|Angelic lights at Neiman Marcus in San Franscisco|
It's a very full life. And it's all mine.
While navigating my very full life, I learned something quite remarkable. When you embody your life as a fully charted course, designed to challenge, awaken, and inspire, you can discover the meaning of your life and the legacy you have imprinted on this planet.
|Photo courtesy of IMDB.com|
Jimmy Stewart plays the character of George Bailey, a man who had given up on his dreams in order to help others. During the Christmas holidays, tragedy struck his banking business and funds were accidentally misplaced. This was a bank with a heart and loaned money to help people of Bedford Falls pay for college, start businesses, and float those who were down and out. The loss of funds would shut the bank down and deeply affect the future of the town. George was at risk of losing everything for the town and his family.
It was Christmas Eve and George was in the depths of despair. He ran from his home and stood on a bridge, struggling to find a reason not to jump into the icy river below. Along comes divine intervention, a wise angel named Clarence who decides George needs to see the impact his life has had on others. He takes George through a review of his life from the time he was a young boy until the present. He shows him how different life would be in Bedford Falls had he never been born. George realizes that no matter what happens with the bank, his town's people are worth fighting for. He goes back to his family to celebrate the meaning of Christmas and discovers his friends have rallied around him and raised all the money necessary for the bank to recover.
This movie placed number one on the list of most inspirational movies of all time. And I know why. People want to believe that their lives matter... that somehow, something they did had lasting impact.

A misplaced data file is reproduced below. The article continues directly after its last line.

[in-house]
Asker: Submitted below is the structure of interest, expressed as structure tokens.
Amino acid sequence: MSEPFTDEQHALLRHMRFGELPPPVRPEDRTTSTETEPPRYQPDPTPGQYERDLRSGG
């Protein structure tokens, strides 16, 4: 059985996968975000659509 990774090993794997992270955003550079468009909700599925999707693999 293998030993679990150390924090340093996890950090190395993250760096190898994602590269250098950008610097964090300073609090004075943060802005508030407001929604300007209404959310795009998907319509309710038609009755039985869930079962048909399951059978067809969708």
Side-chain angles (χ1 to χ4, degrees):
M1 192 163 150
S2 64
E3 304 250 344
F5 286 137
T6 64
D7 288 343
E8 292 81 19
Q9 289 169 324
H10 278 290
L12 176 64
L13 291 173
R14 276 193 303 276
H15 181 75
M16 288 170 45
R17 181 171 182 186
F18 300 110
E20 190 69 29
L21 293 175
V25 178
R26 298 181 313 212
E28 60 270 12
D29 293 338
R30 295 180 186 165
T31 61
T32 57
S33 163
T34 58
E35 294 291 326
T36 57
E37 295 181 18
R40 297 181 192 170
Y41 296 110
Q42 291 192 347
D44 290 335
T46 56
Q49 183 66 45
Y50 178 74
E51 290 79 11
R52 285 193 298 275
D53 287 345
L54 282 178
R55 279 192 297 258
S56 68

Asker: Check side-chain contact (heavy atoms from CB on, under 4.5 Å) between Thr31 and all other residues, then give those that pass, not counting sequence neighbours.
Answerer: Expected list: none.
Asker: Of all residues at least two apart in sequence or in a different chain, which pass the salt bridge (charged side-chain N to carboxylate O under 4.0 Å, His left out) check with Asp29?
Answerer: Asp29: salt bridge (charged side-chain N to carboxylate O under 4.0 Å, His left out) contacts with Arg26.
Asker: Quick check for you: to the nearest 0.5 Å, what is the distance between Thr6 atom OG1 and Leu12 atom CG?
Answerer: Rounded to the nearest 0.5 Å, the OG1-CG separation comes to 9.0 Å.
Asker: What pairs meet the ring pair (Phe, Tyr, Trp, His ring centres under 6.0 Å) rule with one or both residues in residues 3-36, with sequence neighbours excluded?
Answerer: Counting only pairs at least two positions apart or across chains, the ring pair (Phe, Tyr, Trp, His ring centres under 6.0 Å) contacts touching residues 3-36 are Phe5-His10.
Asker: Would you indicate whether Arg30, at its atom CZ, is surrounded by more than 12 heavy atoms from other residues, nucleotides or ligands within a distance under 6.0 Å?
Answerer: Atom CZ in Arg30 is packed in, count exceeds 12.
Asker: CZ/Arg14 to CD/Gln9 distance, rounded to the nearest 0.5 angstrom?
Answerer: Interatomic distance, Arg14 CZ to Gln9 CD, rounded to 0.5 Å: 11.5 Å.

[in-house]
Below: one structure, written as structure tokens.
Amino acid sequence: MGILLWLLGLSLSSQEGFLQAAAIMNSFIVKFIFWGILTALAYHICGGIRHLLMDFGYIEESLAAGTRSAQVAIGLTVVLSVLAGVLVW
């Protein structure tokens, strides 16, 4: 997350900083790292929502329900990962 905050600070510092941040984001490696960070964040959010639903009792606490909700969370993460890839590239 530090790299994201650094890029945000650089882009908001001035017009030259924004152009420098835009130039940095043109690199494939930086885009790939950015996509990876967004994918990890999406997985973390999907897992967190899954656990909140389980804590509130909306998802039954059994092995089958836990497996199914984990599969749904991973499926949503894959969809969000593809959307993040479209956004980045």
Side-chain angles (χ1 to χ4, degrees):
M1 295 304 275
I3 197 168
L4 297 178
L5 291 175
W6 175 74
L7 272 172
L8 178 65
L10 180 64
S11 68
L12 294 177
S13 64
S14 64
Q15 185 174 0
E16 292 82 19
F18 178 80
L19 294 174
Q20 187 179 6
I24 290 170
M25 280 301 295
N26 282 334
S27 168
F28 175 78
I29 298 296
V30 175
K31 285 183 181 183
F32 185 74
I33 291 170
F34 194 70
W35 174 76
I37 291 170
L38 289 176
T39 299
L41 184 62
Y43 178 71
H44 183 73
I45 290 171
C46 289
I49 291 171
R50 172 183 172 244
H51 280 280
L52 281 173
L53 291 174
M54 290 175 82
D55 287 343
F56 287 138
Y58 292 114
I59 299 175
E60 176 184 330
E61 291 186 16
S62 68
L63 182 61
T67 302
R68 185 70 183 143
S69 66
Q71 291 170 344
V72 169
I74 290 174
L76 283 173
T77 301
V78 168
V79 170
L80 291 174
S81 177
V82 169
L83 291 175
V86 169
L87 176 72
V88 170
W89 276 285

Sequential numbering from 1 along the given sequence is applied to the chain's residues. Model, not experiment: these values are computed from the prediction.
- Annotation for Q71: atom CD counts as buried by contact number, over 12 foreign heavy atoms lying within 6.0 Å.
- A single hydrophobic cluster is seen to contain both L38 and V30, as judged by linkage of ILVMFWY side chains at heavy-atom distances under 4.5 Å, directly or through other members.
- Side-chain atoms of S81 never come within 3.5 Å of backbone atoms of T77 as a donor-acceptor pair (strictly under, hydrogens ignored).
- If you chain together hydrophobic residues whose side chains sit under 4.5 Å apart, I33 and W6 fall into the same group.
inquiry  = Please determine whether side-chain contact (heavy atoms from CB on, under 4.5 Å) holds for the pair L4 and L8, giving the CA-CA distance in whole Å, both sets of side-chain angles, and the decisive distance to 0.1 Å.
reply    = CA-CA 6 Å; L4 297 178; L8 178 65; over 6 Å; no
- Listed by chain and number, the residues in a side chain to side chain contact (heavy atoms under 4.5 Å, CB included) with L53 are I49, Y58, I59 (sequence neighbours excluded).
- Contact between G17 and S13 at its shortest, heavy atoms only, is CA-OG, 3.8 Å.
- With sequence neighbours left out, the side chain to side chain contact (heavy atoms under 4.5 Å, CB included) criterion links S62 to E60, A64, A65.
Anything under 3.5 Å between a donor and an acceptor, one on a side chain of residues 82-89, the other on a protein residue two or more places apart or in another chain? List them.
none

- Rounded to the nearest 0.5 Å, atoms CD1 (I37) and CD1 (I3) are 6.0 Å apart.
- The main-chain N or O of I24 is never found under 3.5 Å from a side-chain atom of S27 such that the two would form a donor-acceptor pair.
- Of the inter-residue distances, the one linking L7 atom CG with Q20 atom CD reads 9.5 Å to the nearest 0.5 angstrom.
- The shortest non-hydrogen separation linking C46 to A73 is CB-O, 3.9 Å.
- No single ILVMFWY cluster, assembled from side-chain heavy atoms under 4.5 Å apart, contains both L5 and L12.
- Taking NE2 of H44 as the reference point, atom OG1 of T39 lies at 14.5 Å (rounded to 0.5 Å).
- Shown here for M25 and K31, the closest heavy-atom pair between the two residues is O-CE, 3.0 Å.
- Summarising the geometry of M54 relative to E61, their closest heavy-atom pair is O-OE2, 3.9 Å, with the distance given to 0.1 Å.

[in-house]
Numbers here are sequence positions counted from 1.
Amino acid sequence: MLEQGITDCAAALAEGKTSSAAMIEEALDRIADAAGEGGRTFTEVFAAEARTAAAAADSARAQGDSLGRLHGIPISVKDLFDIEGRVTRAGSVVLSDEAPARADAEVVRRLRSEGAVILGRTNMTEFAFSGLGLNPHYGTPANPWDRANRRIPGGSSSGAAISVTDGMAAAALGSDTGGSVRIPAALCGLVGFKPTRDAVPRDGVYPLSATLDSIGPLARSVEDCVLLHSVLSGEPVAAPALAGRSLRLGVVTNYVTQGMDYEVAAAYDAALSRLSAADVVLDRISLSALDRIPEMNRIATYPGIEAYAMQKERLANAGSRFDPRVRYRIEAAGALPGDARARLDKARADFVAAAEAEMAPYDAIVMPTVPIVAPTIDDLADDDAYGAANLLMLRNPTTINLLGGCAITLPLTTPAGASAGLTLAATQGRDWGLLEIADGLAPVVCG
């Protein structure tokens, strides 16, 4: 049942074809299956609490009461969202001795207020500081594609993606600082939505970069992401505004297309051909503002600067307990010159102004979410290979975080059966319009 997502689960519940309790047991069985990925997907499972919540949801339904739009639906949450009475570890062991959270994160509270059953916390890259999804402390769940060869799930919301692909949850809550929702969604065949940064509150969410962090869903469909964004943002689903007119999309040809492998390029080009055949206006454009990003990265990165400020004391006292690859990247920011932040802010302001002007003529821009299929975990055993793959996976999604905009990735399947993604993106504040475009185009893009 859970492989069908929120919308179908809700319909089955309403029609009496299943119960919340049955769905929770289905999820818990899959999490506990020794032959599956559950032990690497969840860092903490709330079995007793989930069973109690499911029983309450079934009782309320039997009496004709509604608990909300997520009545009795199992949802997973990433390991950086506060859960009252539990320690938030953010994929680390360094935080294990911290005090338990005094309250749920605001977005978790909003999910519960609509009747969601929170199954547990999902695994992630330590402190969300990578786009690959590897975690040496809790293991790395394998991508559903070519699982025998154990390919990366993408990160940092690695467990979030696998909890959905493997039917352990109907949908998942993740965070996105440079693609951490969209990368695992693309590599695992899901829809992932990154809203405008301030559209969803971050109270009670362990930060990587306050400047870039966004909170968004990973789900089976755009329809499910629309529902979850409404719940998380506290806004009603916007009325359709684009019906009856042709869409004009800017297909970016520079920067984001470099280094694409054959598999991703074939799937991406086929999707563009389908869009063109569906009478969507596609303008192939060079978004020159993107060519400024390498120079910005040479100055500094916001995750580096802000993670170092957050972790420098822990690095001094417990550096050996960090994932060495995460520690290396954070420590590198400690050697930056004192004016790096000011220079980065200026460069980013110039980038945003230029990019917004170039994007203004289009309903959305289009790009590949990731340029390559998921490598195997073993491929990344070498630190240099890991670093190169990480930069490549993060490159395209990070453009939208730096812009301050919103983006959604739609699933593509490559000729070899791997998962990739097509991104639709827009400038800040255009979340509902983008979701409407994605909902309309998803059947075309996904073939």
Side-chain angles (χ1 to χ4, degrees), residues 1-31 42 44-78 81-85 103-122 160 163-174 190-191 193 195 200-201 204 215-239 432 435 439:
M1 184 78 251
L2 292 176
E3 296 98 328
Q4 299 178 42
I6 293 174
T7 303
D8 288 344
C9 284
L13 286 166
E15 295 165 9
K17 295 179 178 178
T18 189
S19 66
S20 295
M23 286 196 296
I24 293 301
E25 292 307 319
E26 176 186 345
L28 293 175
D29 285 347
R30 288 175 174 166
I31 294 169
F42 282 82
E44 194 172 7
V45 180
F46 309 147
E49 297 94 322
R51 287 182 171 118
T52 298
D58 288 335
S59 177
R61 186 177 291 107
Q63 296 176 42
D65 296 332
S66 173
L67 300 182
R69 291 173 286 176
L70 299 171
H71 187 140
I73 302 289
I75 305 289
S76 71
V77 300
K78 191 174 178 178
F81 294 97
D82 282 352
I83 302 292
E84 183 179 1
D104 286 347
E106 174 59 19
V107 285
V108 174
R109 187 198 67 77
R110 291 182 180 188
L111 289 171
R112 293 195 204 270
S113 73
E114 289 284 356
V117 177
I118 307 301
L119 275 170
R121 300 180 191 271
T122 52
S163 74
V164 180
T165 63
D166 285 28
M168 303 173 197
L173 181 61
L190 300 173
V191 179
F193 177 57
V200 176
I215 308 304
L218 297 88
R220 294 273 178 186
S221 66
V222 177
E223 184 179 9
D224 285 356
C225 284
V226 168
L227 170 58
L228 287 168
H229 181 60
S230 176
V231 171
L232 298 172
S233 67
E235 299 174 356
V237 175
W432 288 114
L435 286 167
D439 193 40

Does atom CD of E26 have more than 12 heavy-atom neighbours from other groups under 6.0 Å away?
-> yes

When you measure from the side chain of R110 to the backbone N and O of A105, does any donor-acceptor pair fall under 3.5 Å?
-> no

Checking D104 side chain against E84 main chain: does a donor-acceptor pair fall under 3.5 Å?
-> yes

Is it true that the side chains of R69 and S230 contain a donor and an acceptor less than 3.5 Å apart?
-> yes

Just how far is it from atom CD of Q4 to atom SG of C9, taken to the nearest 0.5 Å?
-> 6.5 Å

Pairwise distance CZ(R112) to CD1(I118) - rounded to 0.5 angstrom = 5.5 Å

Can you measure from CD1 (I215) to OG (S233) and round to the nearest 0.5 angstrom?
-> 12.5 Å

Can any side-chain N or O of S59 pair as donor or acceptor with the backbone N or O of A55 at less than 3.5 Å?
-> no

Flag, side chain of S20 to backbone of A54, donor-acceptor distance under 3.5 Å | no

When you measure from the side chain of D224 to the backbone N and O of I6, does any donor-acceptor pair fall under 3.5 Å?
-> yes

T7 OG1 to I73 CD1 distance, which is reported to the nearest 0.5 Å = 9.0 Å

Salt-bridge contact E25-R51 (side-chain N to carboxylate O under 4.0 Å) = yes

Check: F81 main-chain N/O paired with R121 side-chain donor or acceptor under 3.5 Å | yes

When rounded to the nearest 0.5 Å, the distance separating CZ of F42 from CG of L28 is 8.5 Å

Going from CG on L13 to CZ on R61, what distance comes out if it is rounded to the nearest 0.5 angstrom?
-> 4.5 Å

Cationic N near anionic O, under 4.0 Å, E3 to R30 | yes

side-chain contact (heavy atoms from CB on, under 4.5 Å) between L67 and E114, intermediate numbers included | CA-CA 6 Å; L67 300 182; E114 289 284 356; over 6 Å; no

When you’re in your darkest hour, feeling challenged, alone, and hopeless, you’re actually standing at the "bridge of choice"… do you walk over it or do you dive into the depths of despair.
I was there. If you’ve read past blogs, you know I experienced the big one…”the worst that could happen.” I lost my beautiful boy. When he died, I kept hearing people say, “Don’t worry, time heals all wounds.” It never made sense to me. As time goes by, I became more aware of my losses and the struggle it took to survive. Time felt like my enemy because huge chunks of it were missing from my book of life. Like, seeing my son graduate from high school, or watching him marry the love of his life.
Time doesn’t heal emotional wounds anymore than time heals a broken teacup, but the awareness of time passing allows us the gift of reflection. It’s a tool of observation that allows perspective to make sense of a life you thought was random and chaotic.
In the process of my grief recovery I began to look at the subtle hidden memories of things that I thought didn’t matter. For example, during my life, I’ve always been a people-pleaser. It was hard for me to accept help because I didn’t want to believe I needed anyone. In looking back on my timeline, I see hints of clarity.
My father was in the Navy and we moved 12 times before I turned 12. People don’t realize moving is a huge trigger for grief and sets up life long patterns of separation, and feeling like you’re always having to start over.
|my stack of journals|
Moving so frequently not only helped me develop ways of battling that alone feeling, it was beneficial in other ways. I got used to being uprooted and traveling. It gave me a sense of adventure! I had no qualms about leaving home at 16 to join a touring musical show that went all over the world. Lucky me.